GMRI Executive Director, Dr Swee Tan, who was a two-term President of the Australian Head and Neck Cancer Society, was at the prestigious international meeting and heard Ranui’s presentation of her work on cancer stem cells in tongue cancer.
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The GMRI Tissue Bank, established early last year, is hugely important for research purposes and will lead to more effective future treatments for patients, according to Governance Committee member, Dr Stuart Johnson.
Dr Johnson is also the Head of the Pathology Department at Hutt Hospital, which performs the initial processing of much of the Tissue Bank tissue samples.
Former cancer patient and ardent supporter of the GMRI, Nick White, has celebrated being alive for five more years by racing to the top of Japan’s Mt Fuji. The climb took him 4 hours and 45 minutes. The gruelling Mt Fuji Summit Race is held annually and only 50 overseas athletes are allowed to enter. “The experience was as difficult as it was satisfying. It still hasn’t really sunk in that I actually got to the top!” Nick says.
GMRI scientist Dr Tinte Itinteang recently presented four papers at the 20th International Workshop of the International Society for the Study of Vascular Anomalies, held in Melbourne this year.
“This biennial international conference brings together the world’s leading researchers and clinicians in a single venue for the latest updates in scientific discoveries and new treatments for vascular birthmarks,” says Dr Itinteang.
On behalf of everyone associated with the Gillies McIndoe Research Institute, I would like to congratulate our executive director, Dr Swee Tan, who was honoured last week by being named the 2014 Inspire Wellington Ambassador.
The Award is presented by the Wellington City Council as part of the Wellington Gold Awards that recognise and celebrate Wellington’s finest.
“The GMRI was invited last year to contribute a chapter to the two-volume book on the state-of-the-art of ACE inhibitors,” says Dr Swee Tan.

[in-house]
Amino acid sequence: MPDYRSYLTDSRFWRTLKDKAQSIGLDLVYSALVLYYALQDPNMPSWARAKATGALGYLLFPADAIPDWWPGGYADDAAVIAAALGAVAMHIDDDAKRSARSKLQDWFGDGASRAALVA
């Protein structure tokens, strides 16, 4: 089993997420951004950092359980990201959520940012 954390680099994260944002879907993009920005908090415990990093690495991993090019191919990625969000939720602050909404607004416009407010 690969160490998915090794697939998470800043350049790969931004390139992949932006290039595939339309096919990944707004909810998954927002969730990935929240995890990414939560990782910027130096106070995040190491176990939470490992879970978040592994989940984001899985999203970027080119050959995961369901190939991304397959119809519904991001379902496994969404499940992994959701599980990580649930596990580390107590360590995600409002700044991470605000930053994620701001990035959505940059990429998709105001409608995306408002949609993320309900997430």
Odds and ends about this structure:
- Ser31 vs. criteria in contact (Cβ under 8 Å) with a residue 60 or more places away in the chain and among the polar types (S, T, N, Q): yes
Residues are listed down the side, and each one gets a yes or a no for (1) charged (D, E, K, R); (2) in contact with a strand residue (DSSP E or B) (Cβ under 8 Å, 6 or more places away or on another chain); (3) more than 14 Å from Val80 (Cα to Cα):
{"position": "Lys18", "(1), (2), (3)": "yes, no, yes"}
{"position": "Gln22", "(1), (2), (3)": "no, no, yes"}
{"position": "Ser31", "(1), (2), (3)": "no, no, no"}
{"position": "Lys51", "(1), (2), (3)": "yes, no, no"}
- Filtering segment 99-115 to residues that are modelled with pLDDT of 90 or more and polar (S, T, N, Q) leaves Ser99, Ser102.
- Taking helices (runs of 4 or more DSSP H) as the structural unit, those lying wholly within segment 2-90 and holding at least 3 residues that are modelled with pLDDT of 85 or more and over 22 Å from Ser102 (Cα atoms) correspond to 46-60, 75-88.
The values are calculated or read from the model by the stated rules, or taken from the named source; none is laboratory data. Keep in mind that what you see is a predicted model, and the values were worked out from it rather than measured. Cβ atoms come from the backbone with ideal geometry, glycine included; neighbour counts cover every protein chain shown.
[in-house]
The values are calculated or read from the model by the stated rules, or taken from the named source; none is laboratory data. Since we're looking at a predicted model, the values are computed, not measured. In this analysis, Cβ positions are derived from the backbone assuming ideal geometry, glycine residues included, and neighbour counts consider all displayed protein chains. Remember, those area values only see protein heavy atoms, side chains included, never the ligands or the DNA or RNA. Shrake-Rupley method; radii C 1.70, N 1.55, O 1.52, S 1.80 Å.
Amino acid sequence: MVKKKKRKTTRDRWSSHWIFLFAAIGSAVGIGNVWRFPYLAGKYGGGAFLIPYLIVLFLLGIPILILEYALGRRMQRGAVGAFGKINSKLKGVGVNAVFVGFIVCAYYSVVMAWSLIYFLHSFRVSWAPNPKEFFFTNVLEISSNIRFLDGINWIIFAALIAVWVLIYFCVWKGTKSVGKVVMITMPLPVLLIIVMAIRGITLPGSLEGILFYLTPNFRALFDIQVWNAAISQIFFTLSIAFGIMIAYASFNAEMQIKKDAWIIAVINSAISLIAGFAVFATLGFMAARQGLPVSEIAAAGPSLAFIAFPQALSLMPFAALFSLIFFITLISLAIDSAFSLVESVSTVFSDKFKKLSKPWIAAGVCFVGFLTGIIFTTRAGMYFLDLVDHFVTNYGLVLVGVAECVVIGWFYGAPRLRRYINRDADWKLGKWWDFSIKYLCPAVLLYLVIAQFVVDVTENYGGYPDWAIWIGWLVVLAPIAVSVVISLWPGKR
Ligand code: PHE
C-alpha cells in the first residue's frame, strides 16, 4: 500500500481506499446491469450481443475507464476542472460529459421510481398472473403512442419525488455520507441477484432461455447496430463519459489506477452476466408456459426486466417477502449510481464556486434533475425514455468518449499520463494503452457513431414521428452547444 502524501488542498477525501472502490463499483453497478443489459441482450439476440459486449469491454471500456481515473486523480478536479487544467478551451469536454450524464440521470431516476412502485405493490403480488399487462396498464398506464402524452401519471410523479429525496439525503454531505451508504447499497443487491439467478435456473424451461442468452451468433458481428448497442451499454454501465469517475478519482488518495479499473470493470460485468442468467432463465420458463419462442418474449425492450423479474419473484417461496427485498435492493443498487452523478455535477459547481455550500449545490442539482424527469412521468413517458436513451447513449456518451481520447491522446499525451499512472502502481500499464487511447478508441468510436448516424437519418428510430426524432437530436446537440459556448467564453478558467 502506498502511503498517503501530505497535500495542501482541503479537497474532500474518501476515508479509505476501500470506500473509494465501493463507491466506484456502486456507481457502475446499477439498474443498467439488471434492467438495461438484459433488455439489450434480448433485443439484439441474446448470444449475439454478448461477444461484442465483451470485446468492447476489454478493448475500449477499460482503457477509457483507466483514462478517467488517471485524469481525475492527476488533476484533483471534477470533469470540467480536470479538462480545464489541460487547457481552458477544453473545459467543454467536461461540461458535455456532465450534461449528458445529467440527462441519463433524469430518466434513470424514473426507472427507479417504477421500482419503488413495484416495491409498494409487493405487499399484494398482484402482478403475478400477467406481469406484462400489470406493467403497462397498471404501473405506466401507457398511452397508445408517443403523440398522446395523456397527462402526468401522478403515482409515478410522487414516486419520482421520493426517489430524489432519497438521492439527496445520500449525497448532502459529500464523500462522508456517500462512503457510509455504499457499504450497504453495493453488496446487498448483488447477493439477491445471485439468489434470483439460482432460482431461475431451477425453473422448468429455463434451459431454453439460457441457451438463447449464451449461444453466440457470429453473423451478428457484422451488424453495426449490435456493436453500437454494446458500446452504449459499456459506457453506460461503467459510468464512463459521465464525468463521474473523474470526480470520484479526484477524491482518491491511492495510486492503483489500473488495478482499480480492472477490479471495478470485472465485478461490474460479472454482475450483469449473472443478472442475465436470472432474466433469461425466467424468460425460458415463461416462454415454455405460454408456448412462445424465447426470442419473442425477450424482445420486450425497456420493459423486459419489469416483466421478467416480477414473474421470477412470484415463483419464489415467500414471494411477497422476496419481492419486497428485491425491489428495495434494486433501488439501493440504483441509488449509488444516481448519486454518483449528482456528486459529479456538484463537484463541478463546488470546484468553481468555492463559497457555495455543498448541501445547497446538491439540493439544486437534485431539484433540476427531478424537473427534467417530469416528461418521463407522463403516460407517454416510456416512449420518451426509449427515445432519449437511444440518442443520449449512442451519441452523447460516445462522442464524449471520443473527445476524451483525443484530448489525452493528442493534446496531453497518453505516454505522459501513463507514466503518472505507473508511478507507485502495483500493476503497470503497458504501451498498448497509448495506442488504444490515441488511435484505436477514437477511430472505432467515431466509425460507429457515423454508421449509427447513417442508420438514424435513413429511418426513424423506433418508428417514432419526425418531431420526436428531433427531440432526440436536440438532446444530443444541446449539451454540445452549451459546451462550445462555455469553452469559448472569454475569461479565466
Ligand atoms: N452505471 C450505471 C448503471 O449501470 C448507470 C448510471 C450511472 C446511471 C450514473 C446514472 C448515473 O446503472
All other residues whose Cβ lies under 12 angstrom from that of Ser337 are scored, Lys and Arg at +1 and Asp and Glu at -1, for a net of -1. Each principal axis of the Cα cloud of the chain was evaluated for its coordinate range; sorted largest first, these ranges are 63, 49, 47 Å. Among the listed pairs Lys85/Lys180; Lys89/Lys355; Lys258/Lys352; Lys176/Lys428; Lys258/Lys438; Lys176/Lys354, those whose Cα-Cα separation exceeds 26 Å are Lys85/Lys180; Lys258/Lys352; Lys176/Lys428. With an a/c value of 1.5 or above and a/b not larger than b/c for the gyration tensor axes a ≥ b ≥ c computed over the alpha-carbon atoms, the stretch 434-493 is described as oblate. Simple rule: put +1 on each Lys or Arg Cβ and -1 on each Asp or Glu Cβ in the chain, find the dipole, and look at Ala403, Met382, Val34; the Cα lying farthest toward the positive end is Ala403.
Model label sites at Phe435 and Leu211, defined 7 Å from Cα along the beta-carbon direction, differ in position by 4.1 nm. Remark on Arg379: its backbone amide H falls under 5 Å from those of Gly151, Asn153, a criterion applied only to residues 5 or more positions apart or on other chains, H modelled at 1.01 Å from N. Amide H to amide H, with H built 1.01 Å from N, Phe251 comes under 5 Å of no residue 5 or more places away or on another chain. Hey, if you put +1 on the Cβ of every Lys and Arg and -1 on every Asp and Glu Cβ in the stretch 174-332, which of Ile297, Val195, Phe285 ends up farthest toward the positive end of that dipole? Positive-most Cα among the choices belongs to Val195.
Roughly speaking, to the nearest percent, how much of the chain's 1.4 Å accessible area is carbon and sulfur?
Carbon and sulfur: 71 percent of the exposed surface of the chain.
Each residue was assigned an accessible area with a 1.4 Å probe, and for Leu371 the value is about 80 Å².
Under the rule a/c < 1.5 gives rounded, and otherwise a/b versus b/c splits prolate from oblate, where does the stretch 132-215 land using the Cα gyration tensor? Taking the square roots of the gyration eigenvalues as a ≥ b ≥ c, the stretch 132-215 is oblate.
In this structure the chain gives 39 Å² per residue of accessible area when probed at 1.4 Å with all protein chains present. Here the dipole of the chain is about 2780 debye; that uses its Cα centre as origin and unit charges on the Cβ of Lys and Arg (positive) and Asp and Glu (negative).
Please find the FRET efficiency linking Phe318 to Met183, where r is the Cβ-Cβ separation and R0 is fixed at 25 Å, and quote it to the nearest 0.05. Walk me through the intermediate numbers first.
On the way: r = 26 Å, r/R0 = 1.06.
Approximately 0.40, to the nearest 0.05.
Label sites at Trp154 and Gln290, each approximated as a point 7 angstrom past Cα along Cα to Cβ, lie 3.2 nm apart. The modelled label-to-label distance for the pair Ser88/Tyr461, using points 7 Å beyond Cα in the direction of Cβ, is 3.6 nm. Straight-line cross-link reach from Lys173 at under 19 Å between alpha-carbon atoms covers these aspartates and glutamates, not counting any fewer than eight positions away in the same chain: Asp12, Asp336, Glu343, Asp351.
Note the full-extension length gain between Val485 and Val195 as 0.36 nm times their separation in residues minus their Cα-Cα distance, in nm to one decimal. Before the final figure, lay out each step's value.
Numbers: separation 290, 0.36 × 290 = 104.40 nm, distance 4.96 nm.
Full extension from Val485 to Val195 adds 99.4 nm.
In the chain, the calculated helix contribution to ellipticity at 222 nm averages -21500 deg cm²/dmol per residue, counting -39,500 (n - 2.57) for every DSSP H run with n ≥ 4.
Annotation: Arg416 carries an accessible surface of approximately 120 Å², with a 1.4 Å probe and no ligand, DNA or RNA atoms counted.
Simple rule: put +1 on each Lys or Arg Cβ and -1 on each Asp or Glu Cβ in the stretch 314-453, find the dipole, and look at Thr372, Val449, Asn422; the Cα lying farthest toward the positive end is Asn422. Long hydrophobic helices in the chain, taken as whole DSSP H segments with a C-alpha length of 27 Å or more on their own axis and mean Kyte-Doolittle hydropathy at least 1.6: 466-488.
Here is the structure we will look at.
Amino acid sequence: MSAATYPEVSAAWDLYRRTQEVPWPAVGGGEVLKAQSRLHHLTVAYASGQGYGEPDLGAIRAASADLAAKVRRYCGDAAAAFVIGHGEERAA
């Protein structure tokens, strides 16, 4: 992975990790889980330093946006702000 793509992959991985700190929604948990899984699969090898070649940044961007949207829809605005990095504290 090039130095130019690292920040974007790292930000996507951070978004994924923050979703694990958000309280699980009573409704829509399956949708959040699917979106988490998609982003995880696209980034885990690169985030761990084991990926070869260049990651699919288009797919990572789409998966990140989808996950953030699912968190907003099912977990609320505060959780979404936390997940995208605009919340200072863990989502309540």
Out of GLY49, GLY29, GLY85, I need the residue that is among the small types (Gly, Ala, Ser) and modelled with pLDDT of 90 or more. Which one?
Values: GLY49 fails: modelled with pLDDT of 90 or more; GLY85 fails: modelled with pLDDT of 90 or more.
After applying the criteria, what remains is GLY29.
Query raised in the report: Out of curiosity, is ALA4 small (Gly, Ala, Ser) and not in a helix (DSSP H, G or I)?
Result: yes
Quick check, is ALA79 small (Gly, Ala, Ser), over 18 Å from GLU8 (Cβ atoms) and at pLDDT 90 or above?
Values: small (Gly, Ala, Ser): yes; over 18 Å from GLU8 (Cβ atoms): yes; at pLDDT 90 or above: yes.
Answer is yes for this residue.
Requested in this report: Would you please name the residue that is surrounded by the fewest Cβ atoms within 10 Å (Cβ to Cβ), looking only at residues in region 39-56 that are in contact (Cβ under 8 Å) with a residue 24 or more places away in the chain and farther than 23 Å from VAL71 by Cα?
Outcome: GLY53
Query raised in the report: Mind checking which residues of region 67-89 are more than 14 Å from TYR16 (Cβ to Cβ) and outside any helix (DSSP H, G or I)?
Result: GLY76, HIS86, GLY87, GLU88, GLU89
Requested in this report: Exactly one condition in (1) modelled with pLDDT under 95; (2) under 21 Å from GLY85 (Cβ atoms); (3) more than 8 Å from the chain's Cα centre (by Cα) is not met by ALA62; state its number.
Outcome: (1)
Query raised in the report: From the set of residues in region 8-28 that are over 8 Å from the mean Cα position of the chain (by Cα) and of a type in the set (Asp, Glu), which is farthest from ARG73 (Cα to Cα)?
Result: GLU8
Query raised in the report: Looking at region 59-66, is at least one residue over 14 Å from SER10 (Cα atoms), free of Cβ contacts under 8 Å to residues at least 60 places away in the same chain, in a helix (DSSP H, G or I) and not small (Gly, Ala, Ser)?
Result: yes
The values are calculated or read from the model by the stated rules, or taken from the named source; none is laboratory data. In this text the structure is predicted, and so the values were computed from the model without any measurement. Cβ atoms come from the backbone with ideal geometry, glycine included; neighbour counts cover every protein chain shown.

The GMRI is not working alone on its ground-breaking research – we are collaborating with other reputable organisations and expanding collaboration with a number of others nationally and internationally.
For example, the GMRI is currently collaborating with members of the Department of Chemistry at the University of Otago in Dunedin on cutting-edge research.
The new GMRI premises currently host nine research staff, six honorary research associates and two research students on scholarships, and an executive assistant.
The two research students, Ranui Baillie and Lucy Sulzberger, were part of a group of five summer students working at the GMRI last summer.
New GMRI Board member, Dr Virginia Hope, has just been made a Member of the New Zealand Order of Merit for services to health.
The Queen’s Birthday honour recipient was invited to join the board of the GMRI earlier this year as a representative of the Hutt Valley DHB and Capital & Coast DHB.
A well-attended official opening celebration of the new Gillies McIndoe Research Institute (GMRI) was held at Parliament in early December and the people working at the new premises in Newtown are now settling in.
The GMRI’s new laboratory and associated facilities were officially opened by the Prime Minister, the Rt. Hon. John Key, and the occasion was hosted by the Hon. Tony Ryall, Minister of Health. The Prime Minister also unveiled a commemorative plaque which is now in the GMRI foyer.
Dr Swee Tan and his team at the GMRI have achieved remarkable success in advancing knowledge relating to strawberry birthmarks and other tumours. This work has the potential to lead to fundamental advances in the understanding and treatment of cancer.
Our scientists are committed to building on the important, internationally-recognised progress they have made to date. It is an exciting journey, made possible, in large part, due to the support and involvement of many people and organisations.